The most eye-catching feature of the sawfish is of course, their saw-like snout; called a rostrum. The rostrum is covered with motion and electro-sensitive pores that allow sawfishes to detect movement and even heartbeats of buried prey in the ocean floor. The rostrum acts like a metal detector as the sawfish hovers over the bottom, looking for hidden food. It has also been used as a digging tool to unearth buried crustaceans. When a suitable prey swims by, the normally lethargic sawfish will spring from the bottom and slash at it furiously with its saw. This generally stuns or injures the prey sufficiently for the sawfish to devour it without much resistance. Sawfishes have also been known to defend themselves with their rostrum, against predators (like sharks) and intruding divers. The "teeth" protruding from the rostrum are not real teeth, but modified scales. Due to the appearance of the fish, sawfishes are sometimes called "Sharks with Swords".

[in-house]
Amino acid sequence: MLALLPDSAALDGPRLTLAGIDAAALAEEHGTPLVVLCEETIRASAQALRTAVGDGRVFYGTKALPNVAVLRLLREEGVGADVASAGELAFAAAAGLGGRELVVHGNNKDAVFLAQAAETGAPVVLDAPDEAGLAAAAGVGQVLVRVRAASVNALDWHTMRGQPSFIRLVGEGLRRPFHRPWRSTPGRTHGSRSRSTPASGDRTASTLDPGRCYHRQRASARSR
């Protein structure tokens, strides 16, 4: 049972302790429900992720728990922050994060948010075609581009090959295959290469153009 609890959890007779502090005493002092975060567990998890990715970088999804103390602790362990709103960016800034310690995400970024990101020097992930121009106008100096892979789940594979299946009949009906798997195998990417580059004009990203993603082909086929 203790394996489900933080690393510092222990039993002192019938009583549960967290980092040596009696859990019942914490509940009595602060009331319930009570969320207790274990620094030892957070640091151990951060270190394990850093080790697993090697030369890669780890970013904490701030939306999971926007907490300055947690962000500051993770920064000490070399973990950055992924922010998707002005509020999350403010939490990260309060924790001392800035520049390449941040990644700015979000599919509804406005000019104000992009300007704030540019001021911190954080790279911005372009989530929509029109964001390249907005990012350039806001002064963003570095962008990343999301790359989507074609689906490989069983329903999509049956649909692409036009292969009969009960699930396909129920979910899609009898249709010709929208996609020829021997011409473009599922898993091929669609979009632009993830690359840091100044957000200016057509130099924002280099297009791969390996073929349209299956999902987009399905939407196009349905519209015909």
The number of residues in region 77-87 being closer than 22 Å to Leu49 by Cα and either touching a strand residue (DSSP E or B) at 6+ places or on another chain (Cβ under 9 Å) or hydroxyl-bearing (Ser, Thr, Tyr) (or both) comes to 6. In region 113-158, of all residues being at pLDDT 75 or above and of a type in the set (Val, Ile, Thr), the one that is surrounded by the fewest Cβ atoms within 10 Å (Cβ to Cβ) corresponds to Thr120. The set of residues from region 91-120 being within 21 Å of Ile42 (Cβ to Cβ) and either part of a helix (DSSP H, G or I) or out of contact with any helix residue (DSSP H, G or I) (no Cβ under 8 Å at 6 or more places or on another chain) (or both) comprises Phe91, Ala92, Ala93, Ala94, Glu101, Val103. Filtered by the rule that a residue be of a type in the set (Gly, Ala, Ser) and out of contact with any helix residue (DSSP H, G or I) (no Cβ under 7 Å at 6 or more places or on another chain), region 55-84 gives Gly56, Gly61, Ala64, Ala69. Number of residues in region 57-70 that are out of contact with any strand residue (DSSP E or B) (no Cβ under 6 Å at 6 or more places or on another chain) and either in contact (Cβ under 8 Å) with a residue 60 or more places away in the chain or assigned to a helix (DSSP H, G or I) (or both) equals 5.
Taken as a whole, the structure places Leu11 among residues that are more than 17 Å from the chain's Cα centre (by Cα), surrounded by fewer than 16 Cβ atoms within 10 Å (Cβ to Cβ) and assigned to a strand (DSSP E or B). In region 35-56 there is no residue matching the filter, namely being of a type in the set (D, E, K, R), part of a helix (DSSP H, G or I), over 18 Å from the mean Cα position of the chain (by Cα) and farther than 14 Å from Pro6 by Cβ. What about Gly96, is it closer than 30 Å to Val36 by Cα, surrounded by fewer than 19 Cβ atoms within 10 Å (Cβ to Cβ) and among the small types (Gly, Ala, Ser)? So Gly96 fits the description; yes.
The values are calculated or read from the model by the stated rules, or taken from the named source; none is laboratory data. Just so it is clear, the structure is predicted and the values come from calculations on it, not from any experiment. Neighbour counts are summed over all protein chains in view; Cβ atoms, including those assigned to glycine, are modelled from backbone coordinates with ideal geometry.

Status: The smalltooth sawfish is classified as Endangered (EN A1bcd +2cd) on the IUCN Red List 2003 and as Endangered under the United States National Marine Fisheries Service